“Cervical cancer: Clinical practice guidelines in oncology.”
Greer, B. E., W. J. Koh, et al. (2010).
JNCCN Journal of the National Comprehensive Cancer Network 8(12): 1388-1416.
Cervical cancer is decreasing in the United States because of the wide use of screening; however, it is increasing in developing countries (∼270,000 deaths per year), because screening is not available to many women. Effective treatment for cervical cancer (including surgery and concurrent chemoradiation) can yield cures in 80% of women with early-stage disease (stages I-II) and in 60% of women with stage III disease. The hope is that immunization against HPV (using the new vaccines) will prevent persistent infection with certain types of the virus, and will therefore prevent specific HPV cancer in women. © JNCCN-Journal of the National Comprehensive Cancer Network.
“Indications for minimally invasive surgery for ovarian cancer.”
Han, E. S. and M. Wakabayashi (2011).
JNCCN Journal of the National Comprehensive Cancer Network 9(1): 126-132.
Epithelial ovarian cancer is often diagnosed in advanced stages and typically managed with surgical debulking followed by chemotherapy. For patients with presumed early-stage ovarian cancer, comprehensive surgical staging is essential for management, because 31% are upstaged. Over the past 15 years, minimally invasive techniques have improved and are increasingly being used to treat patients with ovarian cancer. Currently, only retrospective data support laparoscopic staging of patients with a suspicious adnexal mass or those surgically diagnosed with presumed early-stage ovarian cancer. Laparoscopy is also used in patients undergoing second-look procedures and to help evaluate whether patients should undergo optimal tumor debulking procedures or be initially managed with neoadjuvant chemotherapy. Randomized clinical studies are needed to further support the role of minimally invasive surgery in the treatment of ovarian cancer. © JNCCN-Journal of the National Comprehensive Cancer Network.
“A comparative detail analysis of the learning curve and surgical outcome for robotic hysterectomy with lymphadenectomy versus laparoscopic hysterectomy with lymphadenectomy in treatment of endometrial cancer: A case-matched controlled study of the first one hundred twenty two patients.”
Lim, P. C., E. Kang, et al. (2011).
Gynecologic Oncology 120(3): 413-418.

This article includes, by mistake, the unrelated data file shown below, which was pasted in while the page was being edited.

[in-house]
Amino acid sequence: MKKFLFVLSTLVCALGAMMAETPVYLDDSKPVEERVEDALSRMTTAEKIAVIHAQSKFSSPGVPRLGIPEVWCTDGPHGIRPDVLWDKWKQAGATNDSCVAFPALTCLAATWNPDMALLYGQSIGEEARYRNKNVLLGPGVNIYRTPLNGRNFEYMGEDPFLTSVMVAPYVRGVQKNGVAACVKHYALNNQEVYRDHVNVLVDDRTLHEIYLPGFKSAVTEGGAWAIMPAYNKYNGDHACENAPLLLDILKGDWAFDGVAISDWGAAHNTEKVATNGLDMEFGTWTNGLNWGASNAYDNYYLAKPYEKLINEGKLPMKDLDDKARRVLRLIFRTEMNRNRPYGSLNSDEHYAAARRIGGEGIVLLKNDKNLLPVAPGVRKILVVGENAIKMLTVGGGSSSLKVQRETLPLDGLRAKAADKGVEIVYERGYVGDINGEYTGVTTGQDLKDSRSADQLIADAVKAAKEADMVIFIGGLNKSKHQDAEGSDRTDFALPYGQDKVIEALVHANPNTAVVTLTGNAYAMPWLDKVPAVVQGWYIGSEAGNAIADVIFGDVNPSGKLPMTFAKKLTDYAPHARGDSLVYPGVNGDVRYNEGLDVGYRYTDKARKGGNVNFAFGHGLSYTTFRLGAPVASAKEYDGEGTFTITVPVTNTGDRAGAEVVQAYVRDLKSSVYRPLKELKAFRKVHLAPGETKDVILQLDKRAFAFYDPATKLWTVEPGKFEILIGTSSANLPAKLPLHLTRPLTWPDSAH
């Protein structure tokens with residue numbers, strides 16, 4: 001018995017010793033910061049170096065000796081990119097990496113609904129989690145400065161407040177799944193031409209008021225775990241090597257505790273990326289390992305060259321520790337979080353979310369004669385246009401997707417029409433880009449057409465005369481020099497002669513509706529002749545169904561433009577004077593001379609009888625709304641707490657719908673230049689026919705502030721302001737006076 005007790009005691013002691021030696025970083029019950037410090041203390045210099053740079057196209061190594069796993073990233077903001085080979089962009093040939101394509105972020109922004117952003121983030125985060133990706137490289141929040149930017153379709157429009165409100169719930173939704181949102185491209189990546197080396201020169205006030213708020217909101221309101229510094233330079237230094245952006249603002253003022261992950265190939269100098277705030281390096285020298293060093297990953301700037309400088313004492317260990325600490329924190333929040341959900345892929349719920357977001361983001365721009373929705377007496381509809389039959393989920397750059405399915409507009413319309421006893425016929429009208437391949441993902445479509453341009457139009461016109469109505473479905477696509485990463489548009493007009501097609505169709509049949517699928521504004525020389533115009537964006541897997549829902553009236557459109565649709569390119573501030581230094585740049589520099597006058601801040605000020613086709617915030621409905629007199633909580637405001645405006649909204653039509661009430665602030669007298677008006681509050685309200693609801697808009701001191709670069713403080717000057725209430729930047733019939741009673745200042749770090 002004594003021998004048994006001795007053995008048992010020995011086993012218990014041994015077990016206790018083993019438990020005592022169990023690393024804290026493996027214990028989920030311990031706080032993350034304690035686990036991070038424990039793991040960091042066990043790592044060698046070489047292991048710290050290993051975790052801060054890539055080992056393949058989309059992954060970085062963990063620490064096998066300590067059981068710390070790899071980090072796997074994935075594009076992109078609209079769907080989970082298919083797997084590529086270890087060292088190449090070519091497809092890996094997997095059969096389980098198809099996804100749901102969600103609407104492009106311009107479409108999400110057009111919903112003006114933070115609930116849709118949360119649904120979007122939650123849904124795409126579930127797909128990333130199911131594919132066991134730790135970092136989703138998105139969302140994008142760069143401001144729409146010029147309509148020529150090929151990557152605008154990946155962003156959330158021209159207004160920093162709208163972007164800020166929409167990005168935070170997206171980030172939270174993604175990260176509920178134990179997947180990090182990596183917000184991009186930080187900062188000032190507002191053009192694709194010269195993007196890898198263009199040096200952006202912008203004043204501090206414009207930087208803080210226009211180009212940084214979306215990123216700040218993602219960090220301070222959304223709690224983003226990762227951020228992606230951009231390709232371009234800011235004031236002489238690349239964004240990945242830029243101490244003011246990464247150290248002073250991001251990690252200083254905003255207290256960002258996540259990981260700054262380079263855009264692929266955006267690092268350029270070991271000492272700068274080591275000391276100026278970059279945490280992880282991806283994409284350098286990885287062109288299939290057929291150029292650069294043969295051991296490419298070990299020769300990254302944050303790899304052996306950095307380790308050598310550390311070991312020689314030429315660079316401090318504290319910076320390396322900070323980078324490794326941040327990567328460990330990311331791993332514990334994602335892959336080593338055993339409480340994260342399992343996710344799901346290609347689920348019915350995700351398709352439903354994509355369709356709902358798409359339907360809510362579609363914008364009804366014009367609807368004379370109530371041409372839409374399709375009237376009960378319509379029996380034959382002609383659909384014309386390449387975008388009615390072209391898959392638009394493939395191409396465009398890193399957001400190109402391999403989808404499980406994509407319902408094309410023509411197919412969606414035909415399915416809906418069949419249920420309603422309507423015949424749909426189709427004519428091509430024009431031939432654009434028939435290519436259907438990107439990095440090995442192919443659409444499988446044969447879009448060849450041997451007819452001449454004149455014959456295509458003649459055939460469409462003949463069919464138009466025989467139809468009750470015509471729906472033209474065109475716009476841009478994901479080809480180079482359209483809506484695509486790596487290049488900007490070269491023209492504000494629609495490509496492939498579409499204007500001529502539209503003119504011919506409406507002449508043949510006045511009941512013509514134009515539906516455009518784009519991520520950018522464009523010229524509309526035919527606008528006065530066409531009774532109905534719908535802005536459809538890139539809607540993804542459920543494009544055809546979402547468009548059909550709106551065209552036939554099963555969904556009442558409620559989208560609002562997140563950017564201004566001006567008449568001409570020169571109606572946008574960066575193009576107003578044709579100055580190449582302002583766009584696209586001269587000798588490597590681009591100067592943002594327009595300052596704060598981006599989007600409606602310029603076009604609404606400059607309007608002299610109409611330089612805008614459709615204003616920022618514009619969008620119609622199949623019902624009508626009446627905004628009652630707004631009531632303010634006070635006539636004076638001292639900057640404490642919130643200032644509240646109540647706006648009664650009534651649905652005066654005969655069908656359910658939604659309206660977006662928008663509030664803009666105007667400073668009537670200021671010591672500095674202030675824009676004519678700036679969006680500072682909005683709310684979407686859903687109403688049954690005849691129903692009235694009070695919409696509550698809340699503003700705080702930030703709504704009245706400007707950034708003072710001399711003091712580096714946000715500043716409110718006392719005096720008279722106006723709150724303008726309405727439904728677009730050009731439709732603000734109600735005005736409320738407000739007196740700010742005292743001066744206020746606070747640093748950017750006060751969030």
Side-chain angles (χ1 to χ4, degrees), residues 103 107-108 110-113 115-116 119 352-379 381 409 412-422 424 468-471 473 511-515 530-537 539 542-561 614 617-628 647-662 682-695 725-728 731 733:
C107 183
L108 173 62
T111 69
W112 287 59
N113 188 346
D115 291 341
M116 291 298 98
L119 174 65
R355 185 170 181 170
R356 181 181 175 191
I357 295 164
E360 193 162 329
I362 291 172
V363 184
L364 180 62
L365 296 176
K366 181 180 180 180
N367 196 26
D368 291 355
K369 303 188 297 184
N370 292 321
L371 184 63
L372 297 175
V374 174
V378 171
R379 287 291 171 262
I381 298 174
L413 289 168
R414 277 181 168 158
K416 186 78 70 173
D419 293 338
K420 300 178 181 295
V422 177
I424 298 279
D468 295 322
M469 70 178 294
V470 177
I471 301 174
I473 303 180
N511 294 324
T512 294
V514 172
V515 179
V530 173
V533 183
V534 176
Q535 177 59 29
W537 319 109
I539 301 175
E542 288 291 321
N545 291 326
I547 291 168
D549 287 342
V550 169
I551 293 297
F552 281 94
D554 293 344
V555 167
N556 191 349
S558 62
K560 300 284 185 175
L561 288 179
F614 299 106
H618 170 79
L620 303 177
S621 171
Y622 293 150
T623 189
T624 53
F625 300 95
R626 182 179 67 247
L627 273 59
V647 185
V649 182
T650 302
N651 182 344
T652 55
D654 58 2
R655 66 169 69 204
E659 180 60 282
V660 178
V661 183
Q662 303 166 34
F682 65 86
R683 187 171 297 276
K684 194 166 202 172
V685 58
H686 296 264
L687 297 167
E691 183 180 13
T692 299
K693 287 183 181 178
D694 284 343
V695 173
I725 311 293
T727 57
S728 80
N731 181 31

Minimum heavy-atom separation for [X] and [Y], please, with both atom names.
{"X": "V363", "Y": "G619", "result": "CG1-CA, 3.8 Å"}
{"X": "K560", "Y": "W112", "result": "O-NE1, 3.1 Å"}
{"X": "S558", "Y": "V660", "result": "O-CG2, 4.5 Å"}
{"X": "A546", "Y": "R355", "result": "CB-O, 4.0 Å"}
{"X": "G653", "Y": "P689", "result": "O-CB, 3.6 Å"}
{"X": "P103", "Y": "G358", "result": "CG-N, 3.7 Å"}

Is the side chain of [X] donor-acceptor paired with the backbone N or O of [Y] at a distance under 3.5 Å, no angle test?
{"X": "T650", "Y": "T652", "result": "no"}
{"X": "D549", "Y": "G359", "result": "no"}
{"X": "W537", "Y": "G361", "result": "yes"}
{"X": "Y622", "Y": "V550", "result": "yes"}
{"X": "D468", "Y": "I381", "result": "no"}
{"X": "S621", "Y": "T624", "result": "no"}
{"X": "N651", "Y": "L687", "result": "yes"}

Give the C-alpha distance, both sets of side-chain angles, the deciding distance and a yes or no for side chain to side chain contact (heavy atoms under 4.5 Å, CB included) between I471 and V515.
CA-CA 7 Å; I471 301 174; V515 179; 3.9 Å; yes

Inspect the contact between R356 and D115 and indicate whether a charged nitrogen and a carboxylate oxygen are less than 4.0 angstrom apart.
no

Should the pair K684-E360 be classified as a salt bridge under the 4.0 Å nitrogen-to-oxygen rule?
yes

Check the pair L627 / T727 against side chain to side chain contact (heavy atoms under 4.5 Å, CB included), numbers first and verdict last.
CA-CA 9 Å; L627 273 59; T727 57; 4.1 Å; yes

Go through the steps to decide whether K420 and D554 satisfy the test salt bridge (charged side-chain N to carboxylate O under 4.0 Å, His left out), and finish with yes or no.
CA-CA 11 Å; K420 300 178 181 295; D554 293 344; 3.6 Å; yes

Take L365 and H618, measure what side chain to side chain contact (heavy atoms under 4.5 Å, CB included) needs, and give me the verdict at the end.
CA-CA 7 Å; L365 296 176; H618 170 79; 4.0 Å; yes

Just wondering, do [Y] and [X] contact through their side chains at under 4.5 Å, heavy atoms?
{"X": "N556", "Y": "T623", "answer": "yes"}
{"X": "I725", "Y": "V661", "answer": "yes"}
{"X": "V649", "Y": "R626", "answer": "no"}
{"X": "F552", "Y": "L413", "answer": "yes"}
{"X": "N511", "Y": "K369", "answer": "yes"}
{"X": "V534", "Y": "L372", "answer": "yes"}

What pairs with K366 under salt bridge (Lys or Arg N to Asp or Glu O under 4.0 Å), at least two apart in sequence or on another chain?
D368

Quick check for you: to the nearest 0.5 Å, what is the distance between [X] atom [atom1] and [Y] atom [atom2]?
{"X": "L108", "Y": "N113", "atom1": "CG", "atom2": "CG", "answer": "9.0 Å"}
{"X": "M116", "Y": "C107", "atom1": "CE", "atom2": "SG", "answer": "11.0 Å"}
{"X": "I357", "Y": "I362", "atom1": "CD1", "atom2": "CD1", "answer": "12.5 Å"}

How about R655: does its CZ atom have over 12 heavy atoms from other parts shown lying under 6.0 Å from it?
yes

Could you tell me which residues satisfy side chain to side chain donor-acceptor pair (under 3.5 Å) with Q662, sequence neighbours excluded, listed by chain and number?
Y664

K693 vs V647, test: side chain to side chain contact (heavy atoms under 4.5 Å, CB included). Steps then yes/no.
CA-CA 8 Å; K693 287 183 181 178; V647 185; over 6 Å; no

GOAL: To determine the learning curve and surgical outcome for the first one hundred twenty-two robotic hysterectomy with lymphadenectomy patients in comparison to the first one hundred twenty-two patients who underwent the same procedure laparoscopically. MATERIALS AND METHODS: An analysis of the first 122 patients who underwent a robotic assisted hysterectomy with lymphadenectomy (RHBPPALND) was compared to the first 122 patients who underwent a total laparoscopic hysterectomy with lymphadenectomy (LHBPPALND). The learning curve of the surgical procedure was determined by measuring operative time with respect to chronological order of each patient who had undergone their respective procedure. Number of lymph nodes, estimated blood loss, days of hospitalization, and complications of all patients were also analyzed and compared. RESULTS: The learning curve of the surgical procedure was determined by measuring operative time with respect to chronological order of each patient who had undergone their respective procedure. Data were analyzed for mean age, body mass index, operative time, estimated blood loss, lymph node retrieval and complications for both surgical procedures. The mean operative time was 147.2+/-48.2 and 186.8+/-59.8 for RHBPPALND and LHBPPALND respectively. The mean EBL was statistically significant at 81.1+/-45.9 and 207.4+/-109.4 for RHBPPALND and LHBPPALND respectively. The total number of pelvic and aortic lymph nodes was 25.1+/-12.7 for RHBPPALND and 43.1+/-17.8 for LHBPPALND. The number of pelvic lymph node was 19.2+/-9.0 and 24.7+/-11.9 for RHBPPALND and LHBPPALND. The days of hospitalization of RHBPPALND and LHBPPALND were 1.5+/-0.9 and 3.2+/-2.3. The number of intraoperative complications for RHBPPALND, and LHBPPALND was 1 and 7, respectively. CONCLUSION: Robotic hysterectomy with lymphadenectomy has a faster learning curve in comparison to laparoscopic hysterectomy with lymphadenectomy. The adequacy of surgical staging was comparable between the two surgical methods. RHBPPALND is associated with shorter hospitalization, less blood loss and less intraoperative and major complications, and lower rate of conversion to open procedure.